Thursday, July 11, 2013

It's. The. Law.

I recently admitted a patient post V-fib arrest.  Arriving intubated and posturing from the catheterization lab, he had an empty 12cc syringe stuck between his molars to prevent him from clamping down (and occluding) his endotracheal tube.

“It’s an Obama bite block!” joked the staff handing him off to me.  

They do manufacture bite blocks/guards specifically designed to protect ETT’s.  Apparently there were none to be found, and the nurses did what they do best: improvise.

My coworkers are a varied bunch, but there is a like-mindedness on Obamacare shared by few other issues. We eventually did find a proper replacement for the syringe.  But I know there will be only more corners to cut in the future.

Anyone catch the news last week?  The Obama administration announced it is relaxing its enforcement of its own darling but trouble-child legislation: the Patient Protection and Affordable Care Act.

Two big changes are underway:

  • 1    They are delaying by at least a year the enforcement of a provision that requires big employers to offer health insurance to their employees. 

This can be good and bad. Was this not a major component of the original plan—folks getting more coverage through their workplace? Or maybe Obama’s admin is awakening to the realization that, in a recovering economy, burdening employers is not the best way to encourage hiring or to decrease the unemployment rate.  Many big-time employers made plans to limit new hires or cut back hours so there would be fewer full-time staff eligible for the expensive mandated benefits.  Selfish? Maybe.  Just trying to stay afloat and competitive in this economy? Maybe.

  • 2.       In tandem with the above, the Health and Human Services Department is now relaxing eligibility standards for the insurance subsidies.  

Remember those exchanges where people can shop around for insurance plans, and be fined if they don’t purchase one? To offset your personal expense, your income level may qualify you to receive a subsidy for purchasing a plan.  And now, the government quietly says, they will be devoting less resources to verifying that you are reporting truthfully.

So, want to re-crunch those numbers to your benefit and get a bigger discount/subsidy than you deserve? Go ahead.  Chances are, nobody’s watching.   

Why is this? There are multiple reasons. Because of the delay in employer-provided insurance,  an estimated 10 million Americans (+their dependents)  will need to go to the exchanges for insurance instead of to their employers.  Obamacare will only [maybe] work if enough young and healthy people pool in and offset the cost of the unhealthy.  The government needs to encourage many, many young persons to jump in on these insurance exchanges.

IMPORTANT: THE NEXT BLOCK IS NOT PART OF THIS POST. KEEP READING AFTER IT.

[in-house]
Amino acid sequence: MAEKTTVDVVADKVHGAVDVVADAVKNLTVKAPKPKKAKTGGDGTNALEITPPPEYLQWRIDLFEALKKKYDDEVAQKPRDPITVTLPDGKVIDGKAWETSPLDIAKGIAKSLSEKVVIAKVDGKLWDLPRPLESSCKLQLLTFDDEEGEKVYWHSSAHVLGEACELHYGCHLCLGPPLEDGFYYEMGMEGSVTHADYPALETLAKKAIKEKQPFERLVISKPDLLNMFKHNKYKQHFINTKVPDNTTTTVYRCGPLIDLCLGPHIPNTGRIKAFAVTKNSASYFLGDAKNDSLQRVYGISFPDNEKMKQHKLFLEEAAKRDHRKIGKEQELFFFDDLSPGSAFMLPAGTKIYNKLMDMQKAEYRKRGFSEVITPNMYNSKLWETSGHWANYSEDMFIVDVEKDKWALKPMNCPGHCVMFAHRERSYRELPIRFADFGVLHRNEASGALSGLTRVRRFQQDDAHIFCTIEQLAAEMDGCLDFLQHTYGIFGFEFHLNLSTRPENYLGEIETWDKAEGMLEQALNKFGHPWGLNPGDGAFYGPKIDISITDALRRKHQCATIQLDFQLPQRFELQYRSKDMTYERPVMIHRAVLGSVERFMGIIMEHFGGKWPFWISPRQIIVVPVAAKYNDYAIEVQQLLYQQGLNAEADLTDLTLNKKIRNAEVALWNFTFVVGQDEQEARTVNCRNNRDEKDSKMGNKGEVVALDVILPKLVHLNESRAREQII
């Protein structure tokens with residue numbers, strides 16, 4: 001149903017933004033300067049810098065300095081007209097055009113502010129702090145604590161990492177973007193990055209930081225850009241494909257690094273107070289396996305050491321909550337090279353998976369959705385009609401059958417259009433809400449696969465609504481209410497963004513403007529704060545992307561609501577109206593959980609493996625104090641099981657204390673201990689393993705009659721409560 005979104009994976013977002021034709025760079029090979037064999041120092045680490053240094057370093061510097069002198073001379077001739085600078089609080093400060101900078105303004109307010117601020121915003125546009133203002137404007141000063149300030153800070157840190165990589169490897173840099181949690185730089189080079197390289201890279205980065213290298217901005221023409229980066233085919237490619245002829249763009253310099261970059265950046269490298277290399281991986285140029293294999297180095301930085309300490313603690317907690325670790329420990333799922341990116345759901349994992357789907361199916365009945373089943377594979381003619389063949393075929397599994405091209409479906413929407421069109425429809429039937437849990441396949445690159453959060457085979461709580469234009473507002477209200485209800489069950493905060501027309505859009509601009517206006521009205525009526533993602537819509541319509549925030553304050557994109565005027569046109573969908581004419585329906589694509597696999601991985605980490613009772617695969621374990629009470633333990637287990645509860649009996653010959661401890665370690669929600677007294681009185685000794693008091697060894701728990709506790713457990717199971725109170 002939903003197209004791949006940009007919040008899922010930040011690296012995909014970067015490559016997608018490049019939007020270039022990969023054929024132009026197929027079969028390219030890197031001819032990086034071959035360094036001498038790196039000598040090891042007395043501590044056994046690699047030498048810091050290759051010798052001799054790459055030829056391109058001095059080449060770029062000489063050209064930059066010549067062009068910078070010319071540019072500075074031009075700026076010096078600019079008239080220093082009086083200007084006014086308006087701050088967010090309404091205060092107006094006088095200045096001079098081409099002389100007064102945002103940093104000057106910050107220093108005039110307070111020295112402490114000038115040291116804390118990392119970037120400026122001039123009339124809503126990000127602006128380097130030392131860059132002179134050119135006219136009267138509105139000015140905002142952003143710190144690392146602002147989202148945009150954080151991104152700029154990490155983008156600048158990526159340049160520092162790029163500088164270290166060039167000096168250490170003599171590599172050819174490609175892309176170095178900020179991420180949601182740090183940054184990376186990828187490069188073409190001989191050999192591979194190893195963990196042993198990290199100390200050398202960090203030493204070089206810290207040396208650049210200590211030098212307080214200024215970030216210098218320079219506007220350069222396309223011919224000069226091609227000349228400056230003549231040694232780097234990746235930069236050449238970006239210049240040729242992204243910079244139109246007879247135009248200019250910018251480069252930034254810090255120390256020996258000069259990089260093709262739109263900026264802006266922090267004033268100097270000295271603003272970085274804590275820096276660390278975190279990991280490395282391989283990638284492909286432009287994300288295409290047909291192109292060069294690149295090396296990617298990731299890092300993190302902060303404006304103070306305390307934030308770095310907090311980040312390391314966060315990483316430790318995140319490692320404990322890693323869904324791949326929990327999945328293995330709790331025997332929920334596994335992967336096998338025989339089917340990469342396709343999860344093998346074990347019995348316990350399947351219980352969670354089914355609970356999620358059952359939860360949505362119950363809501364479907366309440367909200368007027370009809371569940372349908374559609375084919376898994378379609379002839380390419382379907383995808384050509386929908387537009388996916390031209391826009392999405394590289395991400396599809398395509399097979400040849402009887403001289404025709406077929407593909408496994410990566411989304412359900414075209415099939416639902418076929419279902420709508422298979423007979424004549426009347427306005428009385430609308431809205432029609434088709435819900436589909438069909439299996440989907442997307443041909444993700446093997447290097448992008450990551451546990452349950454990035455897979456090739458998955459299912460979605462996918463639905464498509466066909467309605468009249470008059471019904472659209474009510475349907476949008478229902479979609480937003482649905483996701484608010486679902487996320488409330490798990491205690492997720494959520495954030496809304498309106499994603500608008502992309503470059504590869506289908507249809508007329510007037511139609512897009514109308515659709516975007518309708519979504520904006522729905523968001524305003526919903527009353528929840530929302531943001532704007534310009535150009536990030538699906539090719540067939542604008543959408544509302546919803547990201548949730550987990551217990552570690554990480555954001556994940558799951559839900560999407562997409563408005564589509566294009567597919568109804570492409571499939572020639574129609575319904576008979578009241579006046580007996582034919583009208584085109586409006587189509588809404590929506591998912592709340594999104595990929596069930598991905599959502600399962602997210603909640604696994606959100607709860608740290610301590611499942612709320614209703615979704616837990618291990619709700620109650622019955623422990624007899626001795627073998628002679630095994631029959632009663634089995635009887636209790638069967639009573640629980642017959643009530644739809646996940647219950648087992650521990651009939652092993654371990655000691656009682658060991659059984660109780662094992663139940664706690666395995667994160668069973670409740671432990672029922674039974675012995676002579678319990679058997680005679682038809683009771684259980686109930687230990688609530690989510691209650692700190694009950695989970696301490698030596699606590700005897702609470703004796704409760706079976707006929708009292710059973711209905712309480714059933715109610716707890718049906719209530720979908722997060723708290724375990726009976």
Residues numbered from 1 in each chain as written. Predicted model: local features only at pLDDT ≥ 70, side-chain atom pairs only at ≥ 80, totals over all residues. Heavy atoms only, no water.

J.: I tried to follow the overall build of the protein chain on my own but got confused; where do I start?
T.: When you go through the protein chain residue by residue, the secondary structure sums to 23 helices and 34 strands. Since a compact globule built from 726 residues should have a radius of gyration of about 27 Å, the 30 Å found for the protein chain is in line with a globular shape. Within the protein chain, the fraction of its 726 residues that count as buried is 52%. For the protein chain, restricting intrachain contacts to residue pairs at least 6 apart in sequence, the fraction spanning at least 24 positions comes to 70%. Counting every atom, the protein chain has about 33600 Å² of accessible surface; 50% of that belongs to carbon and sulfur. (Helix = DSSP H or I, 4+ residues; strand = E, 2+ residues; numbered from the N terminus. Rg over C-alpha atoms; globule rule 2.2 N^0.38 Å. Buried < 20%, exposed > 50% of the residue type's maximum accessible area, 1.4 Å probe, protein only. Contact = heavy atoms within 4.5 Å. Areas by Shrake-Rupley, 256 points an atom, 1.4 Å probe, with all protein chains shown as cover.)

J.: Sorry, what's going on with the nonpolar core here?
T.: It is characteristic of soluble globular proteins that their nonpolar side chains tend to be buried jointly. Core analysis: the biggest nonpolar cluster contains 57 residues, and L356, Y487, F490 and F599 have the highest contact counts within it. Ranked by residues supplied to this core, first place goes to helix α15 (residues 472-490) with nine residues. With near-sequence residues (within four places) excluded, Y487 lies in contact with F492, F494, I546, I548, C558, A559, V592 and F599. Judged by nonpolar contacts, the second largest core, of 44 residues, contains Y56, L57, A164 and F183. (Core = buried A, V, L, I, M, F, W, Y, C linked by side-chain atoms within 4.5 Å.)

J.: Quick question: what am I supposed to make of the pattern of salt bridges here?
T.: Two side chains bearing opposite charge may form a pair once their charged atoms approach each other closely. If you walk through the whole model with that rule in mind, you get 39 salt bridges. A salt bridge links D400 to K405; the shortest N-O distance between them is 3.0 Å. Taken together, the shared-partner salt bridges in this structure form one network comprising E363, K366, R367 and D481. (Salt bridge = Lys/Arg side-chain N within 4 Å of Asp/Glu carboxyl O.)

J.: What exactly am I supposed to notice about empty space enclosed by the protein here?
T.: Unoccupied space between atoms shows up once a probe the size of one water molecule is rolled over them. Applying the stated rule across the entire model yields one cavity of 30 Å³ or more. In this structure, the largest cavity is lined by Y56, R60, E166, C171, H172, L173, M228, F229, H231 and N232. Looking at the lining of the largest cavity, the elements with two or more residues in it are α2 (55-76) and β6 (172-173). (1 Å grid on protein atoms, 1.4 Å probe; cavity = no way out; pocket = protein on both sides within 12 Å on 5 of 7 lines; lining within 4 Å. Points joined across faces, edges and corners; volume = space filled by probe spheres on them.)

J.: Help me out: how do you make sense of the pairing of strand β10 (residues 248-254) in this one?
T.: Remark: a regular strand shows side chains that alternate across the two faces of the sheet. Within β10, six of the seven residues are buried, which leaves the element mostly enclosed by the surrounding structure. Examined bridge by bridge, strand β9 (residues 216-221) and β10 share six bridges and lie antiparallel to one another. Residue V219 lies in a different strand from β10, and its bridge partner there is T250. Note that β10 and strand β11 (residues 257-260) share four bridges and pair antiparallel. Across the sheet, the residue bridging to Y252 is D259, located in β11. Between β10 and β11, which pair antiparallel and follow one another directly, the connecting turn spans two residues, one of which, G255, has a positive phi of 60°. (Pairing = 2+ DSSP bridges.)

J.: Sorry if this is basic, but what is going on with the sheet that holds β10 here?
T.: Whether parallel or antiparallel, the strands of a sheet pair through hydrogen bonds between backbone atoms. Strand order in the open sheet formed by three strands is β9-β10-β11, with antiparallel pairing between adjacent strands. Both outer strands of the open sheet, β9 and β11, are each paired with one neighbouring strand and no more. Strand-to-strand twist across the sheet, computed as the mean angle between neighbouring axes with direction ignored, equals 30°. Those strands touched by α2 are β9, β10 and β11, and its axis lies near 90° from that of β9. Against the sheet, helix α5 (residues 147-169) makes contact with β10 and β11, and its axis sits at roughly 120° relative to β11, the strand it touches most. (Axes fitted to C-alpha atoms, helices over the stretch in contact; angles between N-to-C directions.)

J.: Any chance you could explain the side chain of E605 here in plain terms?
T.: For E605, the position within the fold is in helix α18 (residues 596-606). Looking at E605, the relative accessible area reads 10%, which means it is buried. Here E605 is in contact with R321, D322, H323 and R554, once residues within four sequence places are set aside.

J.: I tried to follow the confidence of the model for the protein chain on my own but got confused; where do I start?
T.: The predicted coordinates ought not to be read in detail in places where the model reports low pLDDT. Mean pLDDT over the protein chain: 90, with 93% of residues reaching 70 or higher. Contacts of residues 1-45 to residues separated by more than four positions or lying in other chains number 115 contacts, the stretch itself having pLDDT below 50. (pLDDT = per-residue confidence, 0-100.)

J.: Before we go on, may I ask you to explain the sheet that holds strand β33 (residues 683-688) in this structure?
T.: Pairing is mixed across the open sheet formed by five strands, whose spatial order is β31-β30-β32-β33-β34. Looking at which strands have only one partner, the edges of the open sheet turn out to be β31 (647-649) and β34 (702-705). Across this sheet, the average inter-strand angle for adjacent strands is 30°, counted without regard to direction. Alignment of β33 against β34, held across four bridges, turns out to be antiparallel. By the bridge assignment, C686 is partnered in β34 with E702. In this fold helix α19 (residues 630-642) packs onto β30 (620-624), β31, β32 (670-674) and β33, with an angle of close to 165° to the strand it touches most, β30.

They need to make the system easier to accomplish this goal, so they are relaxing administrative standards as a way of bringing down barriers.  Barriers meaning checks against fraud.  

Did Washington learn nothing from the recent housing crisis? Once our problem was financially vulnerable people buying houses they could not afford with loans they should not have been eligible for.  Now people can get subsidized insurance whether they truly qualify or not, and we tax payers must pick up the tab.

This bill was supposed to save health care costs!  In case you thought the fines for being uninsured would give enough incentive to fix this demographic imbalance, think again. Healthy people may reckon it’s still to their advantage to pay fines and forgo insurance.

As Betsy McCaughey points out,

“Some single workers will opt to pay the $95 first-year penalty.  After all, healthy people in their 30s or 40s won’t see the financial sense in writing a premium check for $125 or $150 or even $200 every month when the cheapest plan has a $5,000 deductible.  They’d rather make a car payment.”

The bottom line, however, is that Washington is only beginning to realize that they bit off more than they could chew with the Affordable Care Act.  

As the Wall Street Journal reports
“HHS is disowning eligibility quality control because pre-clearance is ‘not feasible’ as a result of ‘operational barriers’ and ‘a large amount of systems development on both the state and federal side, which cannot occur in time for October 1, 2013.’”

Health care makes up an estimated 1/6 of the national economy.  No small potatoes. 

Maybe rewriting the whole industry with a single, gargantuan bill that no legislator bothered to read before voting on was not such a bright idea.

“It's true that coordinating and managing vast amounts of information from hundreds of millions of Americans and corporations, and monitoring compliance with more than 10,000 pages of fine-print Federal Register regulations so far, is hard to do. Yet that is the system Democrats installed when they passed the law.” {Ibid}

Regardless of what’s on paper, we simply do not have the infrastructure to implement Obamacare.  Sadly, the administration can’t formulate its own position on the crisis. There’s a popular hashtag on Twitter right now for sharing complaints about the Affordability Act,  #Obamacareinthreewords.  Check it out. 

Ironically, the White House responded by tweeting:

“It’s. The. Law.”

Oh wait, except the parts they don’t like anymore.

Links to better reads:

ObamaCare's 'Liar' Subsidies: The White House says you can sign up 'without further verification.'

Constitutional Implications of Partially Enforcing a Law: Michael McConnell


  1. "It's. The. Law." That's so undignified.

    1. I love that it's actually four words. People seem to forget the details.

    2. Ha! Yes. And there are many, many details in that law. Scary.

  2. Superb. Even rationale, logical and reasonable. Therefore sadly the experts in this administration will never read or heed it.

  3. I'm glad I have you to explain to me what's going on. I'm for serious. You're far more interesting to read, too.